• 2c) Add the new SSH key to your GitHub settings. See here.

    • 3) Once you are done, test if everything is working:

    • 3a) Create a local repository on your computer. For example, in your terminal, navigate to your desktop with cd ~/desktop and create a “testdirectory” by entering mkdir testdirectory. Enter cd testdirectory to navigate to your new local repository and type git init to let git know locally that it should keep track of your files within testdirectory.

    • 3b) Then create a test file. For example, in your terminal (still within testdirectory), type touch Begin a git commit by entering add . and then complete the commit with the message of your choice, something like: git commit -m “setting up testfile”

    • 3c) Create a repository on GitHub to correspond with your local repository, “testdirectory.” That is, once you are on a GitHub webpage and logged in, in the upper right corner, click on the + and create a new repository called testdirectory. After clicking “Create repository,” take a look at the directions there. You’ll want to do what it says under the second option: “…or push an existing repository from the command line.” So back on your terminal, enter something like git remote add origin<your profile>/testdirectory.git . This will link your local repository with your online one.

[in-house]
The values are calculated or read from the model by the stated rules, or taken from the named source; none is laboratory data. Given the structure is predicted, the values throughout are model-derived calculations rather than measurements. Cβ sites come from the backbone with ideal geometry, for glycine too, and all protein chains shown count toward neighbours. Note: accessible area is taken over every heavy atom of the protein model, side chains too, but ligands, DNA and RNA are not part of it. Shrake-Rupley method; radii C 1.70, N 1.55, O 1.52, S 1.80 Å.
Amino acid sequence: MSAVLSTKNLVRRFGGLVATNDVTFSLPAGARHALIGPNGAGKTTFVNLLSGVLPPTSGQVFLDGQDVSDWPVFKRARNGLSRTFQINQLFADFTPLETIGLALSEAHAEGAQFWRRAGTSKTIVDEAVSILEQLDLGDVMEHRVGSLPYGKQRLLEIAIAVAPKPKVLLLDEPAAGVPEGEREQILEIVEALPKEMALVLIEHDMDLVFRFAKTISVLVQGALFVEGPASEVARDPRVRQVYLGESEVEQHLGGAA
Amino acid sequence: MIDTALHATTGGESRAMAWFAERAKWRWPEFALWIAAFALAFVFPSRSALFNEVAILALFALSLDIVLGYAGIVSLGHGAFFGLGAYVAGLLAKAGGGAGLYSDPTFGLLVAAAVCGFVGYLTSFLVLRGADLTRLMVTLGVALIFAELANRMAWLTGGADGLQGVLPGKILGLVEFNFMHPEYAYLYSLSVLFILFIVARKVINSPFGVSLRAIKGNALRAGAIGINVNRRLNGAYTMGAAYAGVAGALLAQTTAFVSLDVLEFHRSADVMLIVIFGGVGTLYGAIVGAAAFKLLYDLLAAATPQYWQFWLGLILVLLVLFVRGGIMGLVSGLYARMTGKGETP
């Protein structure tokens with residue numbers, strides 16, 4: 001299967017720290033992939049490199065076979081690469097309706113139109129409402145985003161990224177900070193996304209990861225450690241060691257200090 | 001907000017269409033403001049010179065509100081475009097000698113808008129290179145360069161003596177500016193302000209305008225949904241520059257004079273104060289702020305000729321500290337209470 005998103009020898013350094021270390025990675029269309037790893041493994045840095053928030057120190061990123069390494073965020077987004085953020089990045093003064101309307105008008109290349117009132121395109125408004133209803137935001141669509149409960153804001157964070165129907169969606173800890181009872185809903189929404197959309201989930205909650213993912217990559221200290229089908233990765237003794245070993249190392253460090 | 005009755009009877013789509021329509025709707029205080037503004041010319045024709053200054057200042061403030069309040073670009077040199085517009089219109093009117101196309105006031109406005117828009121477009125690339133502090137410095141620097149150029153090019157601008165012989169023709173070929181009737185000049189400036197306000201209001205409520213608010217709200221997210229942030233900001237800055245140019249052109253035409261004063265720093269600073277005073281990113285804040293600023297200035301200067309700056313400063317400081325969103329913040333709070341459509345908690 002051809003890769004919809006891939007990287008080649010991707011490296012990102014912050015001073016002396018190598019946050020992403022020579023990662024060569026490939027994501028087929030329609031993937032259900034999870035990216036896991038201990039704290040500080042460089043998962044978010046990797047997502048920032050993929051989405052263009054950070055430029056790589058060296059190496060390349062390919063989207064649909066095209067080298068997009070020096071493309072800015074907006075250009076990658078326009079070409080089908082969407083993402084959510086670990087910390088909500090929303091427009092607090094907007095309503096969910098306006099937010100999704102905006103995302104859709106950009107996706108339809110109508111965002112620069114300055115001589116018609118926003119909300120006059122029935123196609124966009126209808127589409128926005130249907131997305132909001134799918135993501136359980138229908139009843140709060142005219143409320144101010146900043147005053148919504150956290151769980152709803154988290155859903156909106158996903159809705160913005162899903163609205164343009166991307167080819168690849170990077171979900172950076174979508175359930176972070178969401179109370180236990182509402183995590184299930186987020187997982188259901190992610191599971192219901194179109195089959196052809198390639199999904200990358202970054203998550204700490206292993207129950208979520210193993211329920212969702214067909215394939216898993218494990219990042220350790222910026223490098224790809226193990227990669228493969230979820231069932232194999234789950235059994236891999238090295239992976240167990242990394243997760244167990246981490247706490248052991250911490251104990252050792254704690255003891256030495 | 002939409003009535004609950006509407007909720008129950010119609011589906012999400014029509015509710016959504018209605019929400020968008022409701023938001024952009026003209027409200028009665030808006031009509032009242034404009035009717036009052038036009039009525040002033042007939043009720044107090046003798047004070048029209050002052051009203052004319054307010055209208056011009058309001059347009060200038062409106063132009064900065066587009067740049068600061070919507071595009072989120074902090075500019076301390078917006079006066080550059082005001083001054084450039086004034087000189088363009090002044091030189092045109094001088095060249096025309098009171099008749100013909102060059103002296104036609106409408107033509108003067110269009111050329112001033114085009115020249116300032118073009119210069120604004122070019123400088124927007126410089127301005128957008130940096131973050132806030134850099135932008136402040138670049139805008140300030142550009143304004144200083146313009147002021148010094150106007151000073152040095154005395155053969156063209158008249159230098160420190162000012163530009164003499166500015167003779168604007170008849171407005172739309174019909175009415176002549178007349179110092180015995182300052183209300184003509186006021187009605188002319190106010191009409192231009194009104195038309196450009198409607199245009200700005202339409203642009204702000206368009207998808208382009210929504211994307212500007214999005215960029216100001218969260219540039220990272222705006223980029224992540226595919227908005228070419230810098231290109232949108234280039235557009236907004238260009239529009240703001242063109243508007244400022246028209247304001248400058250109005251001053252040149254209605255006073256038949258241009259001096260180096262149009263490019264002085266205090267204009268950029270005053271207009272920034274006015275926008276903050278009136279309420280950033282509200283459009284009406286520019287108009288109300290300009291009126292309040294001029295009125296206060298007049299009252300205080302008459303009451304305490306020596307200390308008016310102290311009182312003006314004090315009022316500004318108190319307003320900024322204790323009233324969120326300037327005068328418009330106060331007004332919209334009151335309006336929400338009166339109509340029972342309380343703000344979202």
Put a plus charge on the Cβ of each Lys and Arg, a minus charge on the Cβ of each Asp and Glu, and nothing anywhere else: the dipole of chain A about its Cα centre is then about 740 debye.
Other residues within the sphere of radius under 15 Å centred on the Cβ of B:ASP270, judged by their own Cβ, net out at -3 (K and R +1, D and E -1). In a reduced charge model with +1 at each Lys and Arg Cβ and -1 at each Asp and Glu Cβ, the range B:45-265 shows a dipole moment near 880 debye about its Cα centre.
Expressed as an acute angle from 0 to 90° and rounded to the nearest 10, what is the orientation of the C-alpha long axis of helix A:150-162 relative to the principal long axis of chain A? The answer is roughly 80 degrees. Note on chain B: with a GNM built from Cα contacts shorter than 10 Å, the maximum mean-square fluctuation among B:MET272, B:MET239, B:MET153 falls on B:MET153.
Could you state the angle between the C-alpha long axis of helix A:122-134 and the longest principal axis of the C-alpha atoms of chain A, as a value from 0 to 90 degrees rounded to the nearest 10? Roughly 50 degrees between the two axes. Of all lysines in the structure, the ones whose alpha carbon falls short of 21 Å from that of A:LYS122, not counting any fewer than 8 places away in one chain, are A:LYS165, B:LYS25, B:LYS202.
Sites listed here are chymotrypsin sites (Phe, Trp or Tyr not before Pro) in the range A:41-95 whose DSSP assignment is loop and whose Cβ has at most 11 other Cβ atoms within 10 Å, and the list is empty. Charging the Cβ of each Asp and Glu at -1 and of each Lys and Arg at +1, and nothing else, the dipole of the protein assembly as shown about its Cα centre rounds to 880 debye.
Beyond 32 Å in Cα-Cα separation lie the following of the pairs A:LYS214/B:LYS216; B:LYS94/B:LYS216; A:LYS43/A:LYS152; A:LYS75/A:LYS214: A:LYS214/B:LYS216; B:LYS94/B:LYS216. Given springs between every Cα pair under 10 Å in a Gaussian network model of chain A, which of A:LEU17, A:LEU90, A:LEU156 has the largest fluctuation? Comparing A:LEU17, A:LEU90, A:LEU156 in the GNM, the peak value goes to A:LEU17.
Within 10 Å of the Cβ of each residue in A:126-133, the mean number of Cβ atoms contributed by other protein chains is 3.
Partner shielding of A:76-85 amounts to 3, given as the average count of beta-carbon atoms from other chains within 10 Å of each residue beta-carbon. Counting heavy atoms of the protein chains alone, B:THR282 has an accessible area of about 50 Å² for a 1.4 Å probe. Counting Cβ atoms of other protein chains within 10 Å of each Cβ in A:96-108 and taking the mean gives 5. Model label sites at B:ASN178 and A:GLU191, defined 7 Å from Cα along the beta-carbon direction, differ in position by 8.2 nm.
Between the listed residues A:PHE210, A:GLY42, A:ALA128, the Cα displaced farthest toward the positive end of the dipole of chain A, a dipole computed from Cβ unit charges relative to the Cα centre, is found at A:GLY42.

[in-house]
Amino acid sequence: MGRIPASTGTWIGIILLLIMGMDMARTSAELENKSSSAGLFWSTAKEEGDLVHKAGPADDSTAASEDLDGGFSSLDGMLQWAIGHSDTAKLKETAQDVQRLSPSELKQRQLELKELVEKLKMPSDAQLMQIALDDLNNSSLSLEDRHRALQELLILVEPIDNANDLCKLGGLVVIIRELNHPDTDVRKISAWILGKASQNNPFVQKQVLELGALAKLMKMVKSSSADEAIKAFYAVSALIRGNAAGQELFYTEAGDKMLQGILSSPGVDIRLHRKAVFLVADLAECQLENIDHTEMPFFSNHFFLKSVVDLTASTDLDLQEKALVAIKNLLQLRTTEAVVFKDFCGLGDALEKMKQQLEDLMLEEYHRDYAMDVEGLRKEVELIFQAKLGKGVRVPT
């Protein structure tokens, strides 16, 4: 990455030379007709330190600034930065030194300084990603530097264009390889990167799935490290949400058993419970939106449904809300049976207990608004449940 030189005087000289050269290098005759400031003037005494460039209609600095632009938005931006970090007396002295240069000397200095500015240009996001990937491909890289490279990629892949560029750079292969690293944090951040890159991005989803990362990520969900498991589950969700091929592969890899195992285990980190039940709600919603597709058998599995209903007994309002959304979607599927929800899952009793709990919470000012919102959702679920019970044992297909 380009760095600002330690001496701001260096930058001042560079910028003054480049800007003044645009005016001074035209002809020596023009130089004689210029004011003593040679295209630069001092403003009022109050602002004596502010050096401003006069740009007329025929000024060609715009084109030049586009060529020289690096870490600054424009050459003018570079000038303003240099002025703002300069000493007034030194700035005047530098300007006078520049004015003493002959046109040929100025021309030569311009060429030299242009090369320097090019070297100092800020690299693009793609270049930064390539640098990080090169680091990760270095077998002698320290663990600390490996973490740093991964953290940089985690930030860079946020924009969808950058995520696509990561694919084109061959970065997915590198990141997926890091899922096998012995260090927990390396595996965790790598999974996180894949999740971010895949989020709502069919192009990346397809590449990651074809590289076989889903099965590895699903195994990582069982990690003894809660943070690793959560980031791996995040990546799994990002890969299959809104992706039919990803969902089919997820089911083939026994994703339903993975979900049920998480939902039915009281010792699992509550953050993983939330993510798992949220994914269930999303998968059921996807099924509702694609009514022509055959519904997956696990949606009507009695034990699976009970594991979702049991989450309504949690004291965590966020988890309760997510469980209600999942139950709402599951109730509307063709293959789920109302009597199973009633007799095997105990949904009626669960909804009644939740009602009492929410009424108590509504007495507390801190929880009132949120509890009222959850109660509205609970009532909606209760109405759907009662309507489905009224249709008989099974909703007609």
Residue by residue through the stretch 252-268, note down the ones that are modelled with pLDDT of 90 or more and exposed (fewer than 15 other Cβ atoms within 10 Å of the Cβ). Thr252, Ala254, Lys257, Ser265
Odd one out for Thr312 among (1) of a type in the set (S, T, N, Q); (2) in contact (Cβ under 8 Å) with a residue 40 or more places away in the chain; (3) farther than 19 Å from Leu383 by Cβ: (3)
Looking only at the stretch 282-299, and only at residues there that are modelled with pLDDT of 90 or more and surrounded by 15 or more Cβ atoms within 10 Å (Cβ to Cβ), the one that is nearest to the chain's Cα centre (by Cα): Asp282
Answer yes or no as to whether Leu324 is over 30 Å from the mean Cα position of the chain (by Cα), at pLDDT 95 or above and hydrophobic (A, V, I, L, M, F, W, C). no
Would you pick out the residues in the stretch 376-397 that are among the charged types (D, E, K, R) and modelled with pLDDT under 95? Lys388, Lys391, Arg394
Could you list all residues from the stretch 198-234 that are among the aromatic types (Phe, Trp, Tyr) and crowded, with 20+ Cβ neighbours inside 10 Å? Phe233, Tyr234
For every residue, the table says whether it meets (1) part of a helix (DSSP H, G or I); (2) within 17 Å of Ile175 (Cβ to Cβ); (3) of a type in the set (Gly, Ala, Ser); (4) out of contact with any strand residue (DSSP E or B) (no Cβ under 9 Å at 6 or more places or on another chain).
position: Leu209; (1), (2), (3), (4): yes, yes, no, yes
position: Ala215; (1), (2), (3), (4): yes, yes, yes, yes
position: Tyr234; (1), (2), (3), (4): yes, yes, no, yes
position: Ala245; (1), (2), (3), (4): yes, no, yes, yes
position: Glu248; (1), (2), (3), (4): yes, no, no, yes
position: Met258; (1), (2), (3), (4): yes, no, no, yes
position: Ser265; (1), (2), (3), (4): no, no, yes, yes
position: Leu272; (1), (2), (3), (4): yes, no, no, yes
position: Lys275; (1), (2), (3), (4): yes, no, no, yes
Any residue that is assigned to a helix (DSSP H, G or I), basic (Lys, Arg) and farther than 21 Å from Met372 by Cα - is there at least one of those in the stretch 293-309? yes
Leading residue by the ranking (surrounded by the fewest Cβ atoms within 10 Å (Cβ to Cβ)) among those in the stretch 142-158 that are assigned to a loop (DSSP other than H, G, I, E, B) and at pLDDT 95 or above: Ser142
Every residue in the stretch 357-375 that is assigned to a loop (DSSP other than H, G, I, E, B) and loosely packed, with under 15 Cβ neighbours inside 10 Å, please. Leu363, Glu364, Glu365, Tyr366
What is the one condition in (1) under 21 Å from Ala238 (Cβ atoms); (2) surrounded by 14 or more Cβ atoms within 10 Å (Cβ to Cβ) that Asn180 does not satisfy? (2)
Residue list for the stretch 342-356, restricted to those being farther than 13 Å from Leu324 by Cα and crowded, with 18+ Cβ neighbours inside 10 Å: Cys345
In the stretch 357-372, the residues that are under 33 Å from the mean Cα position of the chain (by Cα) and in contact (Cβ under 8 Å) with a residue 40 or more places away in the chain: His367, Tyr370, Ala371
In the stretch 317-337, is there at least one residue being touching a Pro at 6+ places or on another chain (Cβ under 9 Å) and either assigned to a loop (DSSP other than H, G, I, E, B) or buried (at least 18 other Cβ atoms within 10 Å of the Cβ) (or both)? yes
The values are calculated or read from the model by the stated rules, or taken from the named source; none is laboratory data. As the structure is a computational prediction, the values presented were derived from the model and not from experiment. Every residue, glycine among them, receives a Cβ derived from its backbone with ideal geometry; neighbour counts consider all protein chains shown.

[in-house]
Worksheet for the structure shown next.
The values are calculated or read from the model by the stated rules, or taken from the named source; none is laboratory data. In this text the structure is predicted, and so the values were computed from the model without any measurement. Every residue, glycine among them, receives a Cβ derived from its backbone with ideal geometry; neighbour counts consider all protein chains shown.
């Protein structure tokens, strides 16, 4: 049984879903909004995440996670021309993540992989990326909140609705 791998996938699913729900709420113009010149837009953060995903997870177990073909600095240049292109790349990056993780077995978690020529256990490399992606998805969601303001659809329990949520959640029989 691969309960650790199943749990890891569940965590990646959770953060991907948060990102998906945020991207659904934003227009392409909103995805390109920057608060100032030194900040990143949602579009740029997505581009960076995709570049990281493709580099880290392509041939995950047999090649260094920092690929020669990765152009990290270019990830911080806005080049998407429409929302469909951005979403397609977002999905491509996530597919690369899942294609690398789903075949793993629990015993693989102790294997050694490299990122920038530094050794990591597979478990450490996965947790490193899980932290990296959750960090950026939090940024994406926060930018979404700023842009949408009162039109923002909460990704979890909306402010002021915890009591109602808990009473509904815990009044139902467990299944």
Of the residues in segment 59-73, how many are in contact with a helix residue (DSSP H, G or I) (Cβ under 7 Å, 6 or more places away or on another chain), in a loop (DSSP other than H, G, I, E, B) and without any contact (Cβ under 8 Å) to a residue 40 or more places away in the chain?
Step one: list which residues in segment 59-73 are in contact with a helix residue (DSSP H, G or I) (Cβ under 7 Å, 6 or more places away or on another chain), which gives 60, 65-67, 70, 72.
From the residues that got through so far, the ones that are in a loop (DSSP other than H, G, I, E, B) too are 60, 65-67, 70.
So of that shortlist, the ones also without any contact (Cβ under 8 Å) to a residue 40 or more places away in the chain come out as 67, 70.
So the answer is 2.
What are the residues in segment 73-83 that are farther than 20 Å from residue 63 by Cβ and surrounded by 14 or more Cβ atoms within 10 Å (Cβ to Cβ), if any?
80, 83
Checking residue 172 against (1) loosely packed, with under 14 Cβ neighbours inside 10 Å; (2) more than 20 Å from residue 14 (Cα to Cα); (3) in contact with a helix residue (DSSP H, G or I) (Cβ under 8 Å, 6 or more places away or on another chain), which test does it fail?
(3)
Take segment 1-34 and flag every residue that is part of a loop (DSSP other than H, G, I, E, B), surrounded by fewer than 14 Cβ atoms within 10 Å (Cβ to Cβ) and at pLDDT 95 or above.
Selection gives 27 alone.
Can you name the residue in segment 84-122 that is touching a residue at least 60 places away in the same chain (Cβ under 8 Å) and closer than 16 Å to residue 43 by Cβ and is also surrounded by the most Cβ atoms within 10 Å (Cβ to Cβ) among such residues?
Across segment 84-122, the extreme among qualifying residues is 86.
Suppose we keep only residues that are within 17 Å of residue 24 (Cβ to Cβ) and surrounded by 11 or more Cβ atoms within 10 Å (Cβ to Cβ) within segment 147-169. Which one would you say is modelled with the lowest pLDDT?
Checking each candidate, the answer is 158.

• 3d) In your terminal enter: git push -u origin master to push your local repository’s changes (that is, the creation of to your remote repository on GitHub. Then check your testdirectory on GitHub. If “” is there, then you’ve successfully linked your online GitHub profile with your ability to work on your own terminal, without the IDE.

An important note on publicizing email addresses:

  • If git prevents you from pushing or pulling and is throwing error messages that your action would cause a private email to be published in violation of your GitHub settings, then you need to change the email address associated with git at your terminal (remember that git is separate from GitHub). Follow the instructions here and here. These instructions tell you how to change your git email at your terminal to a long, do-not-reply email address that GitHub provides. Then all should be fine. The do-not-reply email address can be found when you are logged into GitHub under “Settings” → “Email”.

  • Setting your email to the do-not-reply email address seems to be good practice in general; otherwise, it seems you risk exposing your email address. To see if your email address is being exposed when you commit, enter git log in the terminal and checkout what it says for the email address there. If you see your do-not-reply email address from GitHub, then you should be good to go.

That’s it for now. Up next: Part II - Start Managing What You Install Via the Terminal: Homebrew, Ruby Version Controlling, and Gems.